Das Gift (Donaustraße 119) is a 1980s wooden-paneled, Berlin-style bar, co-owned by a couple from Scotland. Ask for the Scottish ales, while listening to the jukebox, filled with playlists created by Robert Smith from the Cure, The Smiths, Mogwai, and even Irvine Welsh.
Tier Bar (Weserstraße 42) is a local watering hole with a mystic, surreal vibe—white candles light the tables and soft, minimal tunes play in the background as the bartenders whip up Moscow Mules and local Berlin beers.
Kuschlowski (Weserstraße 202) is a small, cozy Russian vodka bar with Ukrainian, Polish and Russian vodka. They also have bottled beer and a darkly romantic atmosphere, a perfect haunt for Dostoyevsky. Named after a children's TV show and set in a gorgeous corner of Neukölln is Fuchs und Elster (Weseraße 207), a cocktail bar and restaurant with large windowsills and a dark bar with live piano acts from local talents—from jazz to rock.
Loophole (Boddinstraße 60) is more than just a bar, it's a colorful, unpretentious art and event space set in a former brothel. Co-founded by the artists from the K:ITA collective, this space is home to performances by electronic artists like LAL Forest from Toronto and White Wigwam from Prague, as well as other underground electronic acts you've yet to discover. Don't miss their annual film festival, the Boddinalle to see films from up-and-coming directors. Loophole is a must-see for not only its colorful lighting and art deco but to meet the locals, too – they've been open since 2009 and have served as a hub for artists in the neighborhood, from installation to film and sound art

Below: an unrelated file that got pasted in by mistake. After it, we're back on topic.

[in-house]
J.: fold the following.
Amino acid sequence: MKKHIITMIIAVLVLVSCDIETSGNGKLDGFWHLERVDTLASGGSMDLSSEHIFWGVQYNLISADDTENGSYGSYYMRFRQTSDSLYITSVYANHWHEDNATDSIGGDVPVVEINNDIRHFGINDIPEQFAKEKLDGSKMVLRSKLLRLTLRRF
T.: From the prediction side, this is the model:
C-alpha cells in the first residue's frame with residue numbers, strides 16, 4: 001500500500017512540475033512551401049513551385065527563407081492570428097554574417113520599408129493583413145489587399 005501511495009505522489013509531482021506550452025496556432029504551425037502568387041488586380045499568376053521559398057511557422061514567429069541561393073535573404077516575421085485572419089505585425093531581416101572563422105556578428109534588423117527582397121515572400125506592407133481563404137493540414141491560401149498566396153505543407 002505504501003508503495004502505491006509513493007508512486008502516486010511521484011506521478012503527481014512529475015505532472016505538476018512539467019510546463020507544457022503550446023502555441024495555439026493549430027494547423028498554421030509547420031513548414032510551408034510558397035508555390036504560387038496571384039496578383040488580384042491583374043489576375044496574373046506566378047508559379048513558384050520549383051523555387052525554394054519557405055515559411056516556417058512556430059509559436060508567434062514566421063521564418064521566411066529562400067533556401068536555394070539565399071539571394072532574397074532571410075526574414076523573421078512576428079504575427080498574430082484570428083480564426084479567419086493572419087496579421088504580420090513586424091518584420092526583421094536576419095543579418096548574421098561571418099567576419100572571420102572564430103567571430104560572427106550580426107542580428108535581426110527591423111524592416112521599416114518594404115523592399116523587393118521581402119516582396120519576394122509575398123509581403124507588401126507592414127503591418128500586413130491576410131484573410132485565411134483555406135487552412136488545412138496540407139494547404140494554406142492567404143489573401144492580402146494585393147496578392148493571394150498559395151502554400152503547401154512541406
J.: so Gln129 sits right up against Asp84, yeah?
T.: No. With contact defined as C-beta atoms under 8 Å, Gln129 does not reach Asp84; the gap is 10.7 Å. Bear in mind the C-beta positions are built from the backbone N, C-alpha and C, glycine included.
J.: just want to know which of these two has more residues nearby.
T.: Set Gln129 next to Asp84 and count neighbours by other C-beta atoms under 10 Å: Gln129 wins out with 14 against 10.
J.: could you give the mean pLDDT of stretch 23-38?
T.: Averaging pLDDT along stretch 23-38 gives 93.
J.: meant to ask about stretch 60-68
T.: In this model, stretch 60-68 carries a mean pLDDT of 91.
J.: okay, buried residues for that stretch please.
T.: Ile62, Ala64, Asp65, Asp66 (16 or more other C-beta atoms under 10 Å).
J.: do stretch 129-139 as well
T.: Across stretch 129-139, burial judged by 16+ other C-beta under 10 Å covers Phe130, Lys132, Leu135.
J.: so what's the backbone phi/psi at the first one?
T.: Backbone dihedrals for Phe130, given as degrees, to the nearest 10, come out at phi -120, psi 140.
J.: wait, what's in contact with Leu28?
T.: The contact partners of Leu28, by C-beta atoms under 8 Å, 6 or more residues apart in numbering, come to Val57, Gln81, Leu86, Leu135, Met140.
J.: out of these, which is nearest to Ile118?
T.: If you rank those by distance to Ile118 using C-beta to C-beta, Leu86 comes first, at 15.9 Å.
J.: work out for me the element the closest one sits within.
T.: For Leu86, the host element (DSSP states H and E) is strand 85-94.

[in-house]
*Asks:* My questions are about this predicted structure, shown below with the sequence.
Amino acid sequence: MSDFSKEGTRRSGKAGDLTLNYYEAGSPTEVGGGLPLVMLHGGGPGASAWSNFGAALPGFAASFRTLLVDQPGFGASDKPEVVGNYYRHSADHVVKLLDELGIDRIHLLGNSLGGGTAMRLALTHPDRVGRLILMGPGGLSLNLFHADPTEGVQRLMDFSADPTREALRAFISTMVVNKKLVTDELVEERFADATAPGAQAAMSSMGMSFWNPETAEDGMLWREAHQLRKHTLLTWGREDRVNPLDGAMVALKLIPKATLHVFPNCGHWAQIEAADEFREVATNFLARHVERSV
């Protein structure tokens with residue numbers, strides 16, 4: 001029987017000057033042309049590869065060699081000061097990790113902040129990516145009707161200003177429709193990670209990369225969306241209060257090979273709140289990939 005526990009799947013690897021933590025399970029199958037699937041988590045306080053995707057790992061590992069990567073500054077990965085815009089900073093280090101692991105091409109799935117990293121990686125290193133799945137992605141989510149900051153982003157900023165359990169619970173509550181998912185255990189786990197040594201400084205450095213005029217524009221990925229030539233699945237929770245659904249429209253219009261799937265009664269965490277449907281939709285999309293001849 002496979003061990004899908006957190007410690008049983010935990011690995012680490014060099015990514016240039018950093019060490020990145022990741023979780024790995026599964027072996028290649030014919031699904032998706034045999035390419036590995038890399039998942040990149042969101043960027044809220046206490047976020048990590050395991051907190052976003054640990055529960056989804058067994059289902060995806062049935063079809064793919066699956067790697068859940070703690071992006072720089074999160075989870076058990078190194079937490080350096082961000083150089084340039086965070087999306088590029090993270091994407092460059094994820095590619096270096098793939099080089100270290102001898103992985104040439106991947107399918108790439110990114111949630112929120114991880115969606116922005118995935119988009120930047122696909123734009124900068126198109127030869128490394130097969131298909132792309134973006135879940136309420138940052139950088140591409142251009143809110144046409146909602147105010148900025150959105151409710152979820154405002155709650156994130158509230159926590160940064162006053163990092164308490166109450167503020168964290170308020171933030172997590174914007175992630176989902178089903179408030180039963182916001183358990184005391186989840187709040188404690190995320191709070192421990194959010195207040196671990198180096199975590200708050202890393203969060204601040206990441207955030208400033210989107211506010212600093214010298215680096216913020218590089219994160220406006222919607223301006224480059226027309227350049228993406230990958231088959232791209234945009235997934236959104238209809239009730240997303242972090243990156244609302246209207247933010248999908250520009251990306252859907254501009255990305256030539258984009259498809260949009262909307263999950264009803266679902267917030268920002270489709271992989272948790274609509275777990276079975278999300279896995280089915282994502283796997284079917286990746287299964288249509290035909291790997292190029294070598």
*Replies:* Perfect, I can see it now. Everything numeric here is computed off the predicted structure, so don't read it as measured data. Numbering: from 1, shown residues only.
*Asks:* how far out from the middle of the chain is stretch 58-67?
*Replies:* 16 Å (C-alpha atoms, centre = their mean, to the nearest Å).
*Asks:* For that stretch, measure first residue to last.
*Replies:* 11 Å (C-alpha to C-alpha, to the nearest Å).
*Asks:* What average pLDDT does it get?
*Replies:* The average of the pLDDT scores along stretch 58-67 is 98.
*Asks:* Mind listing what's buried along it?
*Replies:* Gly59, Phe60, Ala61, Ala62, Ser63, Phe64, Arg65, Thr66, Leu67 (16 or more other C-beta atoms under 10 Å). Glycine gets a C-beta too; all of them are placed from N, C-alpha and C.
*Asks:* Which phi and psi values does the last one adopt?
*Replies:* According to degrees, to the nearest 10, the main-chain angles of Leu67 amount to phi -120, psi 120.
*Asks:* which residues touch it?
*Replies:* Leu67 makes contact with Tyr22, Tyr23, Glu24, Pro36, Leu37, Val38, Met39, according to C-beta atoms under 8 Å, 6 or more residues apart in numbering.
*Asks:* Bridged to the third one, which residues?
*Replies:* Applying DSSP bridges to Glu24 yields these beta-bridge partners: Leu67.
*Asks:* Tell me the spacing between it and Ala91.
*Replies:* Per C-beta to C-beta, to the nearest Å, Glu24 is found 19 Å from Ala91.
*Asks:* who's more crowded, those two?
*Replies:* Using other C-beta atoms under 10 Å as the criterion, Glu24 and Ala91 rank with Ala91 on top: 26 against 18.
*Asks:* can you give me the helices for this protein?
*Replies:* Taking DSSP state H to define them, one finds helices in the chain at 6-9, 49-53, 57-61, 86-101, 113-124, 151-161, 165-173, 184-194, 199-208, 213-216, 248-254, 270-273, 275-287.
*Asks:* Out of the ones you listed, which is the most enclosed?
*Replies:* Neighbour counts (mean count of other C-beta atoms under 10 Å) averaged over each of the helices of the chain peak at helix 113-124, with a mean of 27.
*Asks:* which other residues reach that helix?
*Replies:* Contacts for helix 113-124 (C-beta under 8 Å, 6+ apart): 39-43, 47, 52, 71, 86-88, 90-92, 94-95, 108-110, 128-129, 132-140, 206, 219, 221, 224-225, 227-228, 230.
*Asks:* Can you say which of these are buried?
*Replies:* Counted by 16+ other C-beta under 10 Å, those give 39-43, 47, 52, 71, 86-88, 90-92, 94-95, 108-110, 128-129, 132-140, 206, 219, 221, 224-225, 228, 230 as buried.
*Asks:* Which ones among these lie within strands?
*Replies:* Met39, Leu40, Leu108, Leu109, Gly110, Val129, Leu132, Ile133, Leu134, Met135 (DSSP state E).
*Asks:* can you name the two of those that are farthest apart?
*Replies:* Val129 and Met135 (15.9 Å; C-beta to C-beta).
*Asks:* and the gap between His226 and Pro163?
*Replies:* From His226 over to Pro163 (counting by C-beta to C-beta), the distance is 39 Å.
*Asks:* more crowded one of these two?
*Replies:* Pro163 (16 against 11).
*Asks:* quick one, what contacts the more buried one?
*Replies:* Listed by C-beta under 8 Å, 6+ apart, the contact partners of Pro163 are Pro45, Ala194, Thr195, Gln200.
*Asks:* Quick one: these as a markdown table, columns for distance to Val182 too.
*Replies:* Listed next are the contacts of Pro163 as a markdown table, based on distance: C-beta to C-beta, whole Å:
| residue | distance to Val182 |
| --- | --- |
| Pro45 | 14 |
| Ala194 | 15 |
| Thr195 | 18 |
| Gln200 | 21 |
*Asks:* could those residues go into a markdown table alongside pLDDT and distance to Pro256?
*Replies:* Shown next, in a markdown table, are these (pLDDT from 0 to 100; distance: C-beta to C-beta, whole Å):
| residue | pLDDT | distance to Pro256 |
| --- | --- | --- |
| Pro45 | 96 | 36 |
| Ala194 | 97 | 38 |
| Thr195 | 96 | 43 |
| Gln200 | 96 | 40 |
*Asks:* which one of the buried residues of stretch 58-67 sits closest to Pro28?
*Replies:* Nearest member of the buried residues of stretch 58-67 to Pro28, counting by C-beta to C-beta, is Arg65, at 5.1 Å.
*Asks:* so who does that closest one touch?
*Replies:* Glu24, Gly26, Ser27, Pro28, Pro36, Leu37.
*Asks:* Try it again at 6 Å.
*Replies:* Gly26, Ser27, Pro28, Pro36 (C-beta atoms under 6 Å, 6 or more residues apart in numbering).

For vegans, Let It Be (Treptower Straβe 90) is a vegan creperie in a former hairdressing salon. If you've got a sweet tooth, try the sugar, cinnamon and applesauce crepes, as well as more meal-type crepes named after famous celebrities. The “Erykah Badu” has chickpea curry and homemade chutney, while the “Woody Harrelson” has ham, cheese, leeks and cream sauce. They also serve burgers. “Thom Yorke” is a veggie patty hamburger with beet root, hummus and homemade spice red cabbage ketchup. And of course, there's a bar.
Engels Café (Herrfurthstraße 21), which is named after Friedrich Engels, a Marist theorist, has some of the best brunch on Sundays—as well as strong coffee and luscious desserts – and is just a five-minute walk from Tempelhofer Field.
Café Lux (Herrfurthstraße 9) is the perfect place to catch up with an old friend. They serve hot chocolate, cupcakes, cakes and light dishes in one of the oldest parts of the district.
The restaurants in the Richardplatz area are home to traditional German fare, including apple strudel and other desserts. Villa Rixdorf offers veggie plates such as the Artichoke Dish or meat plates like a Pork Plate with potatoes and chives. The Louis Restaurant serves extra-large schnitzel, as well as dumplings with chicken. Nearby, the Italian restaurant Ristorante Su Nugarhe offers hearty spaghetti plates along with a selection of Italian wines. If you want to get a taste of the street food, there is a Turkish market every Friday on Maybachufer, the street by the Spree River. From fruits and vegetables to prepared food, Neukölln truly has it all.
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By Nadja Sayej